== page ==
Parallel Lives

Parallel Lives

20th January-21st April 2013

Couples who make Pottery

Parallel LivesThis exhibition features resources from the Ceramic Archive which are available to view or download here. This includes extracts from audio interviews when you see the speaker icon, published articles and new essays especially written for this exhibition. Please click here for an essay by Louise Chennell about the exhibition, and on the links throughout the maker’s biographies for further items.

Images of potters


Terry and Beverley Bell Hughes met when they were students at Harrow, on a vocational ceramic course taught by Mick Casson and Victor Margrie. After they married they rented studio space from Rosemary Wren in Oxshott. With only one kiln and one wheel between them, the couple quickly recognized they could not comfortably share a space and decided to work on alternate days. They made individual domestic ware which they sold on the Bayswater Road and in London galleries, carrying their pots on public transport. The couple moved to Wales in 1978 when the opportunity came up for Terry to manage Conwy Pottery. They bought a coach house with outbuildings on the outskirts of Llandudno. With four young children, Beverley gave up making commercial pottery for almost ten years, however during this time, she began to explore hand-building. Living in close proximity to the estuary of the river Conwy, the mountains of Snowdonia and the open sea of Llandudno, the influence of nature and the local environment inspired her work. Partially sighted from childhood, Beverley’s work has evolved from domestic shapes to more sculptural organic abstraction exploring the qualities of touch. For many years Terry taught ceramics but has continued to make high-fired thrown domestic ware influenced by the Leach tradition and British slipware.

Read the Aberystwyth Arts Centre Ceramic Series articles :

Terry Bell Hughes by Phil Rogers in c1983 and Beverley Bell Hughes by Sheila Tyler in 1984.

Click on the images below to see their work in the collection:

Pod PotBeverley Bell Hughes
Terry Bell HughesTerry Bell Hughes

listenListen to extracts from interviews by Anna Hale in 1992 with Beverley Bell Hughes talking about:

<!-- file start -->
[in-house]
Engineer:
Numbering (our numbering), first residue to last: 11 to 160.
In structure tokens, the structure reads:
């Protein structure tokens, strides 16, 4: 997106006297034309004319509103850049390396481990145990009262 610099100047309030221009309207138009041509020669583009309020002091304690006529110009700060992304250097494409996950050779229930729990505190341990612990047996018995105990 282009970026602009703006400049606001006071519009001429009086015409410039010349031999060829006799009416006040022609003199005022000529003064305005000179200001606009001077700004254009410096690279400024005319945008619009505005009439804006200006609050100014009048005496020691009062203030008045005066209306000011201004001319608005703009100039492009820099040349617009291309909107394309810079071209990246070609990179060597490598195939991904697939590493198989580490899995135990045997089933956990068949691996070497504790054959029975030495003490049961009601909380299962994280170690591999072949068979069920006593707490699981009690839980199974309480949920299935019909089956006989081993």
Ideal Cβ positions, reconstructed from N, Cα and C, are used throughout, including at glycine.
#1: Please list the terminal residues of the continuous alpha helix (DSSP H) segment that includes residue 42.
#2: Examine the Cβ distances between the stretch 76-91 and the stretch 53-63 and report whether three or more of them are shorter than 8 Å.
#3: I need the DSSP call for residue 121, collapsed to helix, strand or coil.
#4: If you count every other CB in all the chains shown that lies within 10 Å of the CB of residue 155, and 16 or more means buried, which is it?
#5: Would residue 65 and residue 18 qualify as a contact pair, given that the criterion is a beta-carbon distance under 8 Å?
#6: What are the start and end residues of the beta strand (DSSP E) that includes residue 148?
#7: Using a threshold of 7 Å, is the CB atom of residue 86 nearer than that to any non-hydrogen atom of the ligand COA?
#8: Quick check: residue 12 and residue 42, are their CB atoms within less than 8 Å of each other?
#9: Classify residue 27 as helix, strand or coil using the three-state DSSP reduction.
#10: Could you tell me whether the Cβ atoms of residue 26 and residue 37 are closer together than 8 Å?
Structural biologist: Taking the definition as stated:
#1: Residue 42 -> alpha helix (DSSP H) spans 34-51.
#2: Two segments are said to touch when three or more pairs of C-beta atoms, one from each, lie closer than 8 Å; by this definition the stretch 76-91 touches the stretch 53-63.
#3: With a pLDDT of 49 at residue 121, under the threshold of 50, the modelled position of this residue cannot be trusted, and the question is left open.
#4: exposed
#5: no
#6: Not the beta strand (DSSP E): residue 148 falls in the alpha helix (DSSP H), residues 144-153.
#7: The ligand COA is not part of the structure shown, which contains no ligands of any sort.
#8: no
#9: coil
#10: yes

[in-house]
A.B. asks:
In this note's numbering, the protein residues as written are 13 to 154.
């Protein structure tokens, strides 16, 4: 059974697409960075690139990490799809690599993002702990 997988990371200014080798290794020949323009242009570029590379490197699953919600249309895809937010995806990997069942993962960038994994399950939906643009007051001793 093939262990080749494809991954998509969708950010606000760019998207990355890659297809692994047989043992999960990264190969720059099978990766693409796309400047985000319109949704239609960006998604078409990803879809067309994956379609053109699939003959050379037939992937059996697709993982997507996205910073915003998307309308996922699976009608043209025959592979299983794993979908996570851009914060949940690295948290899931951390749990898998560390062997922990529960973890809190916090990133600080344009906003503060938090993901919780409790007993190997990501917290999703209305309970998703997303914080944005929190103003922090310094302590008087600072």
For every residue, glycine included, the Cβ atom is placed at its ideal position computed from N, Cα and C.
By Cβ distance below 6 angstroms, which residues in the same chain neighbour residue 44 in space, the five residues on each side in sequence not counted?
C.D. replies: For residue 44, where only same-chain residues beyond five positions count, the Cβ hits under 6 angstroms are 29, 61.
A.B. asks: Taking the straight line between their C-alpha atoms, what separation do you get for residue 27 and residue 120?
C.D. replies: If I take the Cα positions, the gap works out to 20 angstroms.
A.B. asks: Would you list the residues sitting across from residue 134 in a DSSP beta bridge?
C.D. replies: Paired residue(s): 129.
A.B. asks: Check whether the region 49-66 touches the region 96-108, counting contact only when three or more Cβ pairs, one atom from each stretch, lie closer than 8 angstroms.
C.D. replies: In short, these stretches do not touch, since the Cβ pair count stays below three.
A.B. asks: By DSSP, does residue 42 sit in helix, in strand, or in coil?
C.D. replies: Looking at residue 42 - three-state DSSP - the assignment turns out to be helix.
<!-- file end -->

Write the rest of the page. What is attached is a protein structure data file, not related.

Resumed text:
JANET HAMER: b1932 and FRANK HAMER b.1929

Frank and Janet Hamer met at art school in Lancashire and initially worked together making red earthenware tableware decorated with slip and lustre. Janet insisted they each did every aspect of making, and was upset when people presumed Frank did the throwing and she did the decorating. The couple moved to South Wales in 1959 so that Frank could take up teaching in Monmouthshire. Janet saw this as the ideal opportunity to forge her own identity and make independent work. It wasn’t until eighteen years later, that the Hamers found the ideal location for their work in Pontypool, with space for a reduction-fired kiln and where they could enjoy a variety of scenery including the Malverns, the Gower Peninsula, and the Brecon Beacons. The local wildlife has since inspired both their work, with Frank creating press-moulded platters decorated with fish imagery, while Janet continues to make ceramic bird forms in oxidised stoneware. The Hamer’s helped establish the South Wales Potters organisation, and were awarded a lifetime achievement award at the International Ceramics Festival, Aberystwyth in 2005. They co-wrote The Potter’s Dictionary of Materials and Techniques first published in 1975, and are presently preparing the sixth edition.

Click on the image below to see Janet Hamer’s work in the collection:

Janet Hamer - Mandarin Duck

listenListen to extracts from interviews by Anna Hale in 1992 with Frank Hamer talking about:

DAVID FRITH (b. 1943) and MARGARET FRITH (b.1943)